Cerebral Malaria in African Children: Socioeconomic Risk Factors in Brazzaville, Congo

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  • Departments of Parasitology and Pediatry, University Hospital of Brazzaville, Faculty of Medicine and University Hospital of Amiens, Brazzaville, Congo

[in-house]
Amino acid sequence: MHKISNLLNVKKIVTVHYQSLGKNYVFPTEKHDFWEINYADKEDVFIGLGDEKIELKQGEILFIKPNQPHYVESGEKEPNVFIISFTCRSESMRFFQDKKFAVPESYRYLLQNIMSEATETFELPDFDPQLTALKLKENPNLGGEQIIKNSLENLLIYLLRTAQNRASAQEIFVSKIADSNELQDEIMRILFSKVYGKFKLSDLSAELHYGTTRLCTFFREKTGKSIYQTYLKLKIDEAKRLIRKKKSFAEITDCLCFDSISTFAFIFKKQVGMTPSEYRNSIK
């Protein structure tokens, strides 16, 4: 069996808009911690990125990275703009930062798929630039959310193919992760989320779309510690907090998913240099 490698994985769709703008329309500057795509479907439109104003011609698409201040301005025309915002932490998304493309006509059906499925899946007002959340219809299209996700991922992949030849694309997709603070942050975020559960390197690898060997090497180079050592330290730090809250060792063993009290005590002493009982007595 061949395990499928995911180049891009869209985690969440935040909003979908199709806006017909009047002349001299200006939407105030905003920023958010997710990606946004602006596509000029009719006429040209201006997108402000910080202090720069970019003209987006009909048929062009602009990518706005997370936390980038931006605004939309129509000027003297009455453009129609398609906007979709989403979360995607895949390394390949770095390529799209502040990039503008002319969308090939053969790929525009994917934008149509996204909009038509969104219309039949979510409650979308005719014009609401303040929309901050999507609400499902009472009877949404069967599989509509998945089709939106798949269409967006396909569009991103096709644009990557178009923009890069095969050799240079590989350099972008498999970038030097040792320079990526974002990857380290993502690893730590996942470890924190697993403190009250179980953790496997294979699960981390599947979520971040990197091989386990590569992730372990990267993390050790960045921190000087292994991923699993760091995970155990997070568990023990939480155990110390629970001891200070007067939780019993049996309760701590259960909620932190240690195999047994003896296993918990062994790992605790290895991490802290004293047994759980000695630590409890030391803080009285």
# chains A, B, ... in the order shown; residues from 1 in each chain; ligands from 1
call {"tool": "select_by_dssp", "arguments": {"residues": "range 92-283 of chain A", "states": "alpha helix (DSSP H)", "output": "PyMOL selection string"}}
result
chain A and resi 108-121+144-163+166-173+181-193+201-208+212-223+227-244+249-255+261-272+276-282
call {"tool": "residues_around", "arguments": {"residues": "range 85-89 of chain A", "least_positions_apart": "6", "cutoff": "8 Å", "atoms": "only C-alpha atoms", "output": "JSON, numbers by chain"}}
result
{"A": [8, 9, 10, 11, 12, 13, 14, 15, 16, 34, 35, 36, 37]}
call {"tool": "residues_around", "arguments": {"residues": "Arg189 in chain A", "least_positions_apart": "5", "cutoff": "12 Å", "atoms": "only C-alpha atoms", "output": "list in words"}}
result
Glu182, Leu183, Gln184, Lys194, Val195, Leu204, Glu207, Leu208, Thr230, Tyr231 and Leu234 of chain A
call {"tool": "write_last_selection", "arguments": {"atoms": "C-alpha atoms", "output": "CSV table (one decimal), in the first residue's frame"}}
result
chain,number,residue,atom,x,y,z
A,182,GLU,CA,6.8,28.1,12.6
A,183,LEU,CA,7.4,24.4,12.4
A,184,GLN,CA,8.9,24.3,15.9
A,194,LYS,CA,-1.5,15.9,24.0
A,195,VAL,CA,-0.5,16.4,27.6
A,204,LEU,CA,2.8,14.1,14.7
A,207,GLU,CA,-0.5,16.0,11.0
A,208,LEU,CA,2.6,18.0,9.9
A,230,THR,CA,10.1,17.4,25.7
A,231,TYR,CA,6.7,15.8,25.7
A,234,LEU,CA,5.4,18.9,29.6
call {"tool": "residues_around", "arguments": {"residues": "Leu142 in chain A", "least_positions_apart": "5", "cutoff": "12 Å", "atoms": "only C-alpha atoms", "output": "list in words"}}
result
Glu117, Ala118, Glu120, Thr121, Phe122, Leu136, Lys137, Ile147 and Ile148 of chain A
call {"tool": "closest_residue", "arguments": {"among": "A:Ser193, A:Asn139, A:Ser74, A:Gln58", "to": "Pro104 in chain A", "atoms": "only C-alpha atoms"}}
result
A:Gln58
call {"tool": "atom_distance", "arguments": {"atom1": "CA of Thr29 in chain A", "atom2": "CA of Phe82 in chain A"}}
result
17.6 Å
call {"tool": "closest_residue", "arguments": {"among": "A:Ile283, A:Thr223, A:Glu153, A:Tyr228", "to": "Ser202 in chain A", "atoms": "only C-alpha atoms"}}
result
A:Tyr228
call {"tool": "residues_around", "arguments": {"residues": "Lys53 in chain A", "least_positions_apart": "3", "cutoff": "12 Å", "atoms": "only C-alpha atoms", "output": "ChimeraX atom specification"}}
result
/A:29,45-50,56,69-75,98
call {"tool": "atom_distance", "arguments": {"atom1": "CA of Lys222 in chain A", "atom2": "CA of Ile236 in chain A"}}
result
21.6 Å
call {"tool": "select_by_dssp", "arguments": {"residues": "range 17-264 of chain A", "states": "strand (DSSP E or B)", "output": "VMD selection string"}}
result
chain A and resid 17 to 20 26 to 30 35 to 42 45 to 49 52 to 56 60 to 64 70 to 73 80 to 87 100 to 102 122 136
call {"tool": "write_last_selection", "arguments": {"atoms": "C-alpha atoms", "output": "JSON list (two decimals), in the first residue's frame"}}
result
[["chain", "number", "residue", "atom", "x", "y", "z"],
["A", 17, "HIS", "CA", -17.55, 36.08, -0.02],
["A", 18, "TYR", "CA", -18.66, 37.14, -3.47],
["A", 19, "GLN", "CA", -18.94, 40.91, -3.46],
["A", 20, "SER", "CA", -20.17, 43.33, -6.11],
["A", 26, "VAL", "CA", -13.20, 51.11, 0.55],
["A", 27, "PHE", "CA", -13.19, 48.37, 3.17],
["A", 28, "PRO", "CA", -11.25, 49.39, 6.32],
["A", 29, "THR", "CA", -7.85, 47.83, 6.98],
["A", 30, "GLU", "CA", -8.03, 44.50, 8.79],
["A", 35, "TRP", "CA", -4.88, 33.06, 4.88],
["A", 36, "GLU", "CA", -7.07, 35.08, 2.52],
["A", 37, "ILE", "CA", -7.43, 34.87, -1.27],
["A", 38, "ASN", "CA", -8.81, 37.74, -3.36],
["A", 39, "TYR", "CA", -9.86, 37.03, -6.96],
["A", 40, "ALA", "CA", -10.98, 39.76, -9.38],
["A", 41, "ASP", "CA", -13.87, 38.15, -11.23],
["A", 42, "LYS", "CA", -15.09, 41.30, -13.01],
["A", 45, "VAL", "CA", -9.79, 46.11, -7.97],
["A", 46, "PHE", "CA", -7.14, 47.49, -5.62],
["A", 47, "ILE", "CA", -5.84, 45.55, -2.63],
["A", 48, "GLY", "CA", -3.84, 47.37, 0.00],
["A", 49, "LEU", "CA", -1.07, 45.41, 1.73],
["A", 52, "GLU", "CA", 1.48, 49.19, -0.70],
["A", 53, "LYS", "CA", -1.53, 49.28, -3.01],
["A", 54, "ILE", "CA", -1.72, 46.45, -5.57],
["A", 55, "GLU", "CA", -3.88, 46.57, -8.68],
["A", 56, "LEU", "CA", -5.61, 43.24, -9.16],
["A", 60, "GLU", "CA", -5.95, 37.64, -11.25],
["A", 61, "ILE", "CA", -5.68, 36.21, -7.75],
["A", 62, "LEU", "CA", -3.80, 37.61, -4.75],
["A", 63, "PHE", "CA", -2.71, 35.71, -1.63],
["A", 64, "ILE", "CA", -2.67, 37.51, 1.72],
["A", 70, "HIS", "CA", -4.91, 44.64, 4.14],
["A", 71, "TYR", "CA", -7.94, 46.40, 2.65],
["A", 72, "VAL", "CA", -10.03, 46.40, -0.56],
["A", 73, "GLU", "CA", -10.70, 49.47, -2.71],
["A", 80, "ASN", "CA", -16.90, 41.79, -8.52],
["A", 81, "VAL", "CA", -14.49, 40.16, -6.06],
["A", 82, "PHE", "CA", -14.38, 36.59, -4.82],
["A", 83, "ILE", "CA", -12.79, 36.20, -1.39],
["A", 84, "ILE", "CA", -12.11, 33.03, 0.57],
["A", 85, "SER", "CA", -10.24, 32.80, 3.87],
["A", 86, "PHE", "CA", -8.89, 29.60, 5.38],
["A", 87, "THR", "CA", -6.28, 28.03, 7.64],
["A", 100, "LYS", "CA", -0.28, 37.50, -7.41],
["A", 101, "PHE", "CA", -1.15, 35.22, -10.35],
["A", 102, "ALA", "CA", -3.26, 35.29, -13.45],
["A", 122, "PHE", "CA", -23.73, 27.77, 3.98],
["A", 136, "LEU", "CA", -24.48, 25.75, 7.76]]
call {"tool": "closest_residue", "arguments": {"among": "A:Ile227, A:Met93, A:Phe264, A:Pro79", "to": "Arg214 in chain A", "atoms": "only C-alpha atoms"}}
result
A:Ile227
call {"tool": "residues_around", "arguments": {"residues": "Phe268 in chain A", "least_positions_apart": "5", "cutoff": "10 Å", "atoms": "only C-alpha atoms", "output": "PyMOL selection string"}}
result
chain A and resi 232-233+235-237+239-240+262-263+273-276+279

Current epidemiologic and clinical research on cerebral malaria is directed towards prognostic criteria and neurologic sequelae. However, the assessment of risk factors related to the environment and the socioeconomic standard of the family is of practical as well as theoretical interest. A prospective survey was carried out in March 1990 in Brazzaville, Congo by interviewing subjects in two groups: 1) 600 households representative of the Brazzaville population and 2) 84 households with a child who had been hospitalized for cerebral malaria between January 1, 1988 and June 30, 1989 (i.e., 9–27 months prior to the interview). The mothers' knowledge and attitudes with regard to the prevention and treatment of malaria in children were assessed, as was the socioeconomic standards of the households. The group in which at least one child had been hospitalized for cerebral malaria had a lower socioeconomic standard than the control group. Other differences in this group included a greater number of offspring and a higher average number of deceased children, less chemoprophylaxis, antimalarials available less often in the household, less early treatment of fever at home, and drugs bought more often at the market. There was no significant difference between the groups with regard to using the correct dosage of chloroquine, ownership of a mosquito net, or the use of insecticides or repellents.